Reverend Fred Nile and Maya Newell

Someone once said something about books and covers. I think the same principle can be applied to films and titles. When I was asked to watch and review Maya Newell’s Growing up Gayby I died a little inside. Not because the subject matter isn’t incredibly relevant to my interests, but because the word “gayby” makes me shudder and break out in hives.

I find the idea of labelling children based on the configuration of their parents’ genitals more than a little creepy. Babies are babies, and those, like my own son, who are raised by same-sex parents, don’t deserve to be placed in some special subcategory by virtue of this fact. They deserve to forge their own identities, not have a crappy one thrust upon them by people who are unnaturally preoccupied with other people’s sexuality.

It’s safe to say that I came to this film with my hackles up, ready to be outraged.

But I wasn’t.

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Newell’s sincere, measured approach to investigating what it’s like to be raised by same sex parents was disarming, and incredibly engaging. She asks the kinds of questions that everyone seems to have about “gaybies” but takes the unique approach of actually asking the kids themselves. Are the children of same sex parents more likely to be gay themselves? Do they miss out on something by not having a parent of each gender? Are they damaged or disadvantaged by experiencing bullying and discrimination?

“Babies are babies, and those, like my own son, who are raised by same-sex parents, don’t deserve to be placed in some special subcategory by virtue of this fact.”

In the process of asking these questions, she also paints a series of portraits of everyday life for these families – the little conflicts, triumphs, and rites of passage that test their mettle and draw them together. You may or may not be surprised to discover that they look a lot like most other families.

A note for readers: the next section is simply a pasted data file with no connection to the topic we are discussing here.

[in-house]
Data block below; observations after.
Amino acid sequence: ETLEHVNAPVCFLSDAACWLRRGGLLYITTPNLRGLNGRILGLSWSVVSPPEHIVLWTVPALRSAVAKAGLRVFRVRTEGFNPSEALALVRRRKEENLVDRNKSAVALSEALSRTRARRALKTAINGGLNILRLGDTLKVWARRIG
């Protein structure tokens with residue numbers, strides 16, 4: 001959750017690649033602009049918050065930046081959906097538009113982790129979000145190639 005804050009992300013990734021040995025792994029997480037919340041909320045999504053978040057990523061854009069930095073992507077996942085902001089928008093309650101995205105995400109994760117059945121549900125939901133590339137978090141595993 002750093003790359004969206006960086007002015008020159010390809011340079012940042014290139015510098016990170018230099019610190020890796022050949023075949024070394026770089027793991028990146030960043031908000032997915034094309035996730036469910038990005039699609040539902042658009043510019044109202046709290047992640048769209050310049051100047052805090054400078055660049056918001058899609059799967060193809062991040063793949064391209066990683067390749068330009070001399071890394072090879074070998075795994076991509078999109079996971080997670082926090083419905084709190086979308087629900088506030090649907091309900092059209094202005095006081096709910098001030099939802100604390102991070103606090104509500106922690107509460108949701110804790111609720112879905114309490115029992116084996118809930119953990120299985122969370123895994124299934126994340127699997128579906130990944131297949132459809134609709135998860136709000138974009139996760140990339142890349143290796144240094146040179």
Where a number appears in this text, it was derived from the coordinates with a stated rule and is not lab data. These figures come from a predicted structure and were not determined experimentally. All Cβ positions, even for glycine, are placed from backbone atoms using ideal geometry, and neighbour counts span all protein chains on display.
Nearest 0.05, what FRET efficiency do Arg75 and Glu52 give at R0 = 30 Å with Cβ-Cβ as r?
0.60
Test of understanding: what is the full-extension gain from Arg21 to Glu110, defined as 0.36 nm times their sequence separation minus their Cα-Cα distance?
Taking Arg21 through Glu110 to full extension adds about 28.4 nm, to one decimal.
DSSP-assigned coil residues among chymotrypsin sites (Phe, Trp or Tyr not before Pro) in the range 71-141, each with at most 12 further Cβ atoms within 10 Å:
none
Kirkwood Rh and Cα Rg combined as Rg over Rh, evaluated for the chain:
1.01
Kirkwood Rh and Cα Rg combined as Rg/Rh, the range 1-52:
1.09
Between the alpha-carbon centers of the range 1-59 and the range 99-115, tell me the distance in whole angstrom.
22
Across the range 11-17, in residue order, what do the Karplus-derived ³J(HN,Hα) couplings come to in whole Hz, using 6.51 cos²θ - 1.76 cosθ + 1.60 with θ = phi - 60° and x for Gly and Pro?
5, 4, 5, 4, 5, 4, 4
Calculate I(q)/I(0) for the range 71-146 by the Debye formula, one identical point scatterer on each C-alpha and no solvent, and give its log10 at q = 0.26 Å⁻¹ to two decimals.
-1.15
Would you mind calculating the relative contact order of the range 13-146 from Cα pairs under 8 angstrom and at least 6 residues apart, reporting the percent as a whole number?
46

This is more than an “aren’t gay families great” piece. In an act of courtesy rarely bestowed by conservative commentators and shock jocks, Newell approaches two of the queer community’s most verbose and visible critics, Janet Albrechtsen and Fred Nile, and asks them for their perspectives on the issue.

To me, this is where Newell’s real talent as a documentary filmmaker shines through. She elegantly allows them to present their own views in a way that makes them appear so transparently specious, bigoted and hateful, that they don’t even require rebuttal.

As the mother of my own “gayby” (nope, still can’t say it without a shudder), this film left me with a sense of quiet hope. Yes, Fred Nile still exists, and Janet Albrechtsen is still allowed to speak in public, but seeing how much has changed for queer families over the course of just one generation was incredibly encouraging. And seeing just how diverse, resilient, articulate, and sane these children and young people were, left me in no doubt that same-sex parents are raising amazing people.

Opening Shot: Growing Up Gayby airs Wednesday November 20 at 9:30pm on ABC2.

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As a Crikey subscriber and someone who began working as a journalist in 1957, I am passionate about the importance of independent media like Crikey. I met a lot of Australians from many walks of life during my career and did my best to share their stories honestly and fairly with their fellow citizens.

And I never forgot how important it is to hold politicians to account. Crikey does that – something that is more important now than ever before in Australia.

North Stradbroke Island, QLD

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